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U.S. 30-Year Yield Highest Since June on Election Calculus

Vivien Lou Chen
·2 mins read
U.S. 30-Year Yield Highest Since June on Election Calculus
U.S. 30-Year Yield Highest Since June on Election Calculus

(Bloomberg) -- The longest-maturity Treasury yield surged to a three-month high Monday as traders adjusted their election bets.

The yield curve steepened as the 30-year rate climbed more than nine basis points to 1.581%, the highest level since June 10, driving the widely watched 5- to 30-year spread to a peak of almost 125 basis points. Rates moved as U.S. President Donald Trump’s coronavirus diagnosis supported the prospects both for fiscal stimulus and an easier election win by his Democratic opponent Joe Biden, even as Trump said he’ll leave the hospital this evening.

A clear and undisputed winner of the Nov. 3 vote had been one of the most underappreciated risks in financial markets prior to Trump’s diagnosis. Biden has extended his advantage in opinion polls in recent days, with the RealClearPolitics average putting him more than 8 percentage points ahead of the incumbent.

In addition to shifting the election landscape, Trump’s illness may also boost the chances of a nearer-term stimulus deal in Washington, which would have a buoyant affect on Treasury rates. Supply could also add pressure, with reopening sales for both 10- and 30-year debt set to take place this week. Data released by the Commodity Futures Trading Commission last week showed that speculators were already becoming more bearish across long-end Treasuries.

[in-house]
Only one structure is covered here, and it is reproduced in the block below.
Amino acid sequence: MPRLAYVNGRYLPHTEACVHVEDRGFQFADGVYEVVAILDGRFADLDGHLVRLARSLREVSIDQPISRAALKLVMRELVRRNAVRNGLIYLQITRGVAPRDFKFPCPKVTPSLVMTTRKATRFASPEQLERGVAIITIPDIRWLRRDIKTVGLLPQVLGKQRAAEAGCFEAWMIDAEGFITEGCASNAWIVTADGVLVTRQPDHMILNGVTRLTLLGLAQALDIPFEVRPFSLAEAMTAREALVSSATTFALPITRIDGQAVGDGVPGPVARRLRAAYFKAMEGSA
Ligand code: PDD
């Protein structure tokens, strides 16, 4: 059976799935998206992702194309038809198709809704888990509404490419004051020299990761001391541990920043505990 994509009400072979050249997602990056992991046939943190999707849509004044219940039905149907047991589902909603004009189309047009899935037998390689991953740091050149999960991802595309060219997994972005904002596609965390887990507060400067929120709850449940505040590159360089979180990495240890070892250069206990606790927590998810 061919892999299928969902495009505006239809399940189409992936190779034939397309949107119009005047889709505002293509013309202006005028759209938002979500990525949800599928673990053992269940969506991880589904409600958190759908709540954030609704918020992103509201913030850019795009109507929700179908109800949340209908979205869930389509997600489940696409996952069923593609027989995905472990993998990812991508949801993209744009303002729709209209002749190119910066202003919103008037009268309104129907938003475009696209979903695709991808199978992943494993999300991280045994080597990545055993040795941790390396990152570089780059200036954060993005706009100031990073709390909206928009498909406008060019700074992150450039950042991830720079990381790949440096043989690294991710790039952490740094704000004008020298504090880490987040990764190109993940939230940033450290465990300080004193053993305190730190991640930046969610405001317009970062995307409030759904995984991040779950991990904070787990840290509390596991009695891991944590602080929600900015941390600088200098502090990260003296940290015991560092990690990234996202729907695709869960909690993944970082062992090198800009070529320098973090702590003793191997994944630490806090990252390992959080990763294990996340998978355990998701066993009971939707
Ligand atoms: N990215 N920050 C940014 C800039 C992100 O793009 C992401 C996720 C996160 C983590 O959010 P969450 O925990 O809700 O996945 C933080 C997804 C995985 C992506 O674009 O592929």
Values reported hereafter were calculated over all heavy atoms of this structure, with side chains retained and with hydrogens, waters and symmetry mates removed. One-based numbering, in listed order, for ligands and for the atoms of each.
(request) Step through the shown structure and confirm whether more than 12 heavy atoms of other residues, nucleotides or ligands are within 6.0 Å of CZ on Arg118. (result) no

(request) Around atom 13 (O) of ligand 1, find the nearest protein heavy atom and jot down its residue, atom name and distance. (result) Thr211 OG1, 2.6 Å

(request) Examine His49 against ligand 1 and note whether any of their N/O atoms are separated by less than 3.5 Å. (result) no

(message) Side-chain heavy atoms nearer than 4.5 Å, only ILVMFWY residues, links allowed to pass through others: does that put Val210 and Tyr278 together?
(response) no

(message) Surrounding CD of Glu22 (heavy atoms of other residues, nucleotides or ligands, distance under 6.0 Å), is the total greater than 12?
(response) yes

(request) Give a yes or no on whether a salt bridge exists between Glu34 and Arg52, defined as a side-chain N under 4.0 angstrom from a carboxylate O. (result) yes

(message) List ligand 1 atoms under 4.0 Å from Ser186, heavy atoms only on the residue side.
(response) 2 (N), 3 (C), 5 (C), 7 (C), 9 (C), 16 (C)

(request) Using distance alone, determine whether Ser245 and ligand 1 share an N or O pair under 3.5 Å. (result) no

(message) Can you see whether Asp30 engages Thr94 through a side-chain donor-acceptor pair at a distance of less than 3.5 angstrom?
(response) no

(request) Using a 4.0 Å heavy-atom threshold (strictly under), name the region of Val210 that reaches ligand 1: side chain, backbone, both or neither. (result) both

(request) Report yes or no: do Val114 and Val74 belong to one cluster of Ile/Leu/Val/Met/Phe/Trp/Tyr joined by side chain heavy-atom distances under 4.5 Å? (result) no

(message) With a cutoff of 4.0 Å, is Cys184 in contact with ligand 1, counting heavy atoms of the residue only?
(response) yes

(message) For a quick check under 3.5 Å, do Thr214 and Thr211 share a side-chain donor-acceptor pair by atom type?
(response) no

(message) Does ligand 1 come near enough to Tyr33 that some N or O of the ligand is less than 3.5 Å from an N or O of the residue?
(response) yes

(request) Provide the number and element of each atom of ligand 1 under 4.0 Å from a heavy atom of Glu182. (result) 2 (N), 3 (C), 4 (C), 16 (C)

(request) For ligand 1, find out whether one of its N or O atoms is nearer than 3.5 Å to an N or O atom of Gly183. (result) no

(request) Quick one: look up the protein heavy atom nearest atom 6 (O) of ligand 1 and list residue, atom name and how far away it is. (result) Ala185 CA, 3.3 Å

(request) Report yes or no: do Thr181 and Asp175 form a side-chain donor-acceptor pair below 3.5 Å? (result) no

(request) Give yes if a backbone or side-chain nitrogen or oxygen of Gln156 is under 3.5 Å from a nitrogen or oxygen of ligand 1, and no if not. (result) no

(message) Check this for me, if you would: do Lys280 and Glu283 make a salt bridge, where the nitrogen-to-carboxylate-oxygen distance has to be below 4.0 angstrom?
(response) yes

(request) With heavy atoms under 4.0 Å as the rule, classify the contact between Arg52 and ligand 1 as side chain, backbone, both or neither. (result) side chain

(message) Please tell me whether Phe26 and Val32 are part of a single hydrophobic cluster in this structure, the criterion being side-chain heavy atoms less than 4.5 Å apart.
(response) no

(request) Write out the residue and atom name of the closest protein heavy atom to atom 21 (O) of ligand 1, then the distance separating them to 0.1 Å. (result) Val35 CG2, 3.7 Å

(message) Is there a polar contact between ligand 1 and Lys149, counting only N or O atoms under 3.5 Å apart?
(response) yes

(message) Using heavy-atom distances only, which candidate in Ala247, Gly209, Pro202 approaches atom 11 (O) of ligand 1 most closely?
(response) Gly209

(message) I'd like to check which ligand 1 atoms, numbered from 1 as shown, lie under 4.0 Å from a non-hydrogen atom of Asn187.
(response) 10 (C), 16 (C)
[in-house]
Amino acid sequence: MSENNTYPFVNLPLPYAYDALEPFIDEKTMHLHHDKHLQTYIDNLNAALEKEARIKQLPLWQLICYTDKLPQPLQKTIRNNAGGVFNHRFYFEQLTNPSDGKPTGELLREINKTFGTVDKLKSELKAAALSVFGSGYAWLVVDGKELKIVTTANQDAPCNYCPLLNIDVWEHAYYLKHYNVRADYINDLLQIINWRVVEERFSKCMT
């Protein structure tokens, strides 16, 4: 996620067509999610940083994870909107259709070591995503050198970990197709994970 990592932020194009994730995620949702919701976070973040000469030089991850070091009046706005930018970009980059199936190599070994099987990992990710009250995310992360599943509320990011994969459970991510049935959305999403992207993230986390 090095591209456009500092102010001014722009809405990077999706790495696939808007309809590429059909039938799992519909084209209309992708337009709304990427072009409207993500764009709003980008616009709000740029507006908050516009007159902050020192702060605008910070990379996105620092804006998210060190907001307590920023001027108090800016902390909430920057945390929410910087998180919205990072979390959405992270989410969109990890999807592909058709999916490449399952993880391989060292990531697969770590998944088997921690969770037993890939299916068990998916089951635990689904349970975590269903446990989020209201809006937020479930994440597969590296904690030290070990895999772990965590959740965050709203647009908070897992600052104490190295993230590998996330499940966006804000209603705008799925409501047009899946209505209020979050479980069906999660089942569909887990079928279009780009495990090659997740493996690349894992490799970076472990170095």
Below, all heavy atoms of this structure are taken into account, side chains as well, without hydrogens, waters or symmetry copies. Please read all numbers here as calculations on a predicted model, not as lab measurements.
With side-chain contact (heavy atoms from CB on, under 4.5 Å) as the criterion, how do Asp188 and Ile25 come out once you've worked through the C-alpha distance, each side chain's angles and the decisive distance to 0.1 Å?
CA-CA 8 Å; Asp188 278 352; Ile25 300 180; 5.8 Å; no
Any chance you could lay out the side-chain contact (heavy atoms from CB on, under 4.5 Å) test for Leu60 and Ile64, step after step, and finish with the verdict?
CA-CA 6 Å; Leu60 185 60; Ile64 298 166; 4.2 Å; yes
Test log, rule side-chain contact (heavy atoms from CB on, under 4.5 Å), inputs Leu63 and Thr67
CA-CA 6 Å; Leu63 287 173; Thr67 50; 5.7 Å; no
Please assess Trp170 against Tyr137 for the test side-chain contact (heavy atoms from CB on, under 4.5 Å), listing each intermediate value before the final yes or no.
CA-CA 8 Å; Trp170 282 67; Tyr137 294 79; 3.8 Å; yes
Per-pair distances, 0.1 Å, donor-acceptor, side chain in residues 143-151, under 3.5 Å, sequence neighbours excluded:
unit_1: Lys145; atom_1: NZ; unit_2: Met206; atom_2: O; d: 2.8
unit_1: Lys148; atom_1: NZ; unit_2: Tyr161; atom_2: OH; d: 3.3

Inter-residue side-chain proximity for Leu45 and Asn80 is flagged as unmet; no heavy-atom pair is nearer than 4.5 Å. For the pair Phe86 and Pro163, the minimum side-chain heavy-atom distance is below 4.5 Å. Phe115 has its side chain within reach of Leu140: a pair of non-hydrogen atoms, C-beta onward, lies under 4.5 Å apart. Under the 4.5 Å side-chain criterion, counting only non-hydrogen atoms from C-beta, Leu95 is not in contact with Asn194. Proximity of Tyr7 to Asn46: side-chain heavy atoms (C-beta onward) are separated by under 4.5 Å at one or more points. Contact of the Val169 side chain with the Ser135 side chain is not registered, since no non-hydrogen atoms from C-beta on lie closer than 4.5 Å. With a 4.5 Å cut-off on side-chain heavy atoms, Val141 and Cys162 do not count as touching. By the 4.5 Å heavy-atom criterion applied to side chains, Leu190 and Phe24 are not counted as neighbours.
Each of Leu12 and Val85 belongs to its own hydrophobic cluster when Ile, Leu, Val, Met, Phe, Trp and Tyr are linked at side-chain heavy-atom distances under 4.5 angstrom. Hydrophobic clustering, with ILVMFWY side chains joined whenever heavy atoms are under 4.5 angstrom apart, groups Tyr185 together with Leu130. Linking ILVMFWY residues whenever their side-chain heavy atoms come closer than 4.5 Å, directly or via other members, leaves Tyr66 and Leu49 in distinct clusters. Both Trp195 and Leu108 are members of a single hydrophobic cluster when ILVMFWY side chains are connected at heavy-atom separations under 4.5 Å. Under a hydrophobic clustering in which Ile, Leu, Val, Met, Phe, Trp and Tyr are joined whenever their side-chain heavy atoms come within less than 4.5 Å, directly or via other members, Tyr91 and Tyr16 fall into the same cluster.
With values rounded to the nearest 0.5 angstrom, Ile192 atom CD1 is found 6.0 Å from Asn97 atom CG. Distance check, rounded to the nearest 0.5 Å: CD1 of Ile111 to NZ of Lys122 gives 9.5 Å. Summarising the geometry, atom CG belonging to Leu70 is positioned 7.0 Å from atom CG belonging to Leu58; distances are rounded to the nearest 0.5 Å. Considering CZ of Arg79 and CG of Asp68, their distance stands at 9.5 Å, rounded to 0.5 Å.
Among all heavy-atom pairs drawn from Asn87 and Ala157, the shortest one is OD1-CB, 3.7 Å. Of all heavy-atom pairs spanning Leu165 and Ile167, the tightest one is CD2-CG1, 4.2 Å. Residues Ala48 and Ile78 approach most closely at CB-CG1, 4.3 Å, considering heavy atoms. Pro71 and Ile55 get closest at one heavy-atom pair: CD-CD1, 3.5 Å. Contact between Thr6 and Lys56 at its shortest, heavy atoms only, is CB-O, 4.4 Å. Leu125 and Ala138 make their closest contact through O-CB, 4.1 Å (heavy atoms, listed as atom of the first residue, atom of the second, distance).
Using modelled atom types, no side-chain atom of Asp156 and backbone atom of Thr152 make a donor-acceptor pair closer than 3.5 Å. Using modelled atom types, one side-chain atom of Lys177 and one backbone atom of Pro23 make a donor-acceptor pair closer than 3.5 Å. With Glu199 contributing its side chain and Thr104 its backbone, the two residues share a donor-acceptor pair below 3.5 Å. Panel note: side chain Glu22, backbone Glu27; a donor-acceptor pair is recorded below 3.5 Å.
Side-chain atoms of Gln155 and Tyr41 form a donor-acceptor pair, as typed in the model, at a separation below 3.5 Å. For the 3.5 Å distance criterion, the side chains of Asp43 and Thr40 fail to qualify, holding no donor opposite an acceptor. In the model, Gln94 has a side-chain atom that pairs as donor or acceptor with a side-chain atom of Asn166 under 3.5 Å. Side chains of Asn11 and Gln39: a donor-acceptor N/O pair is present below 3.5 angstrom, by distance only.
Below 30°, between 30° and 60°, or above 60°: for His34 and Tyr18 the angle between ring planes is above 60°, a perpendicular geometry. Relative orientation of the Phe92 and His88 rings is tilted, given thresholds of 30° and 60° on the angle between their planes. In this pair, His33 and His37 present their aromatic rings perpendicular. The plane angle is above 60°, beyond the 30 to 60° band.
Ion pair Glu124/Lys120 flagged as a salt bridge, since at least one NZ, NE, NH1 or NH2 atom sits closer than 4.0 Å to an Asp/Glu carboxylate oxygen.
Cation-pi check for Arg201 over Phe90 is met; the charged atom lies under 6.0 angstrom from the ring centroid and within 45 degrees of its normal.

The 10-year yield rose by as much as 7 basis points to 0.77%. That’s above the 0.75% level cited by BMO strategists Ian Lyngen and Jon Hill in a Monday note as “the next line in the sand toward higher yields.”

“A breach of this key support has only occurred once since June and it presents an obvious hurdle toward a repricing that has any probability of being sustained,” they wrote. “Our biggest concern isn’t the absence of fundamental backing for moderately higher rates; rather it’s the extent to which risk assets can weather an attempt to move into an environment with 10-year yields between 80-100 bp.”

(Updates 30-year yield in second paragraph, 10-year in fifth.)

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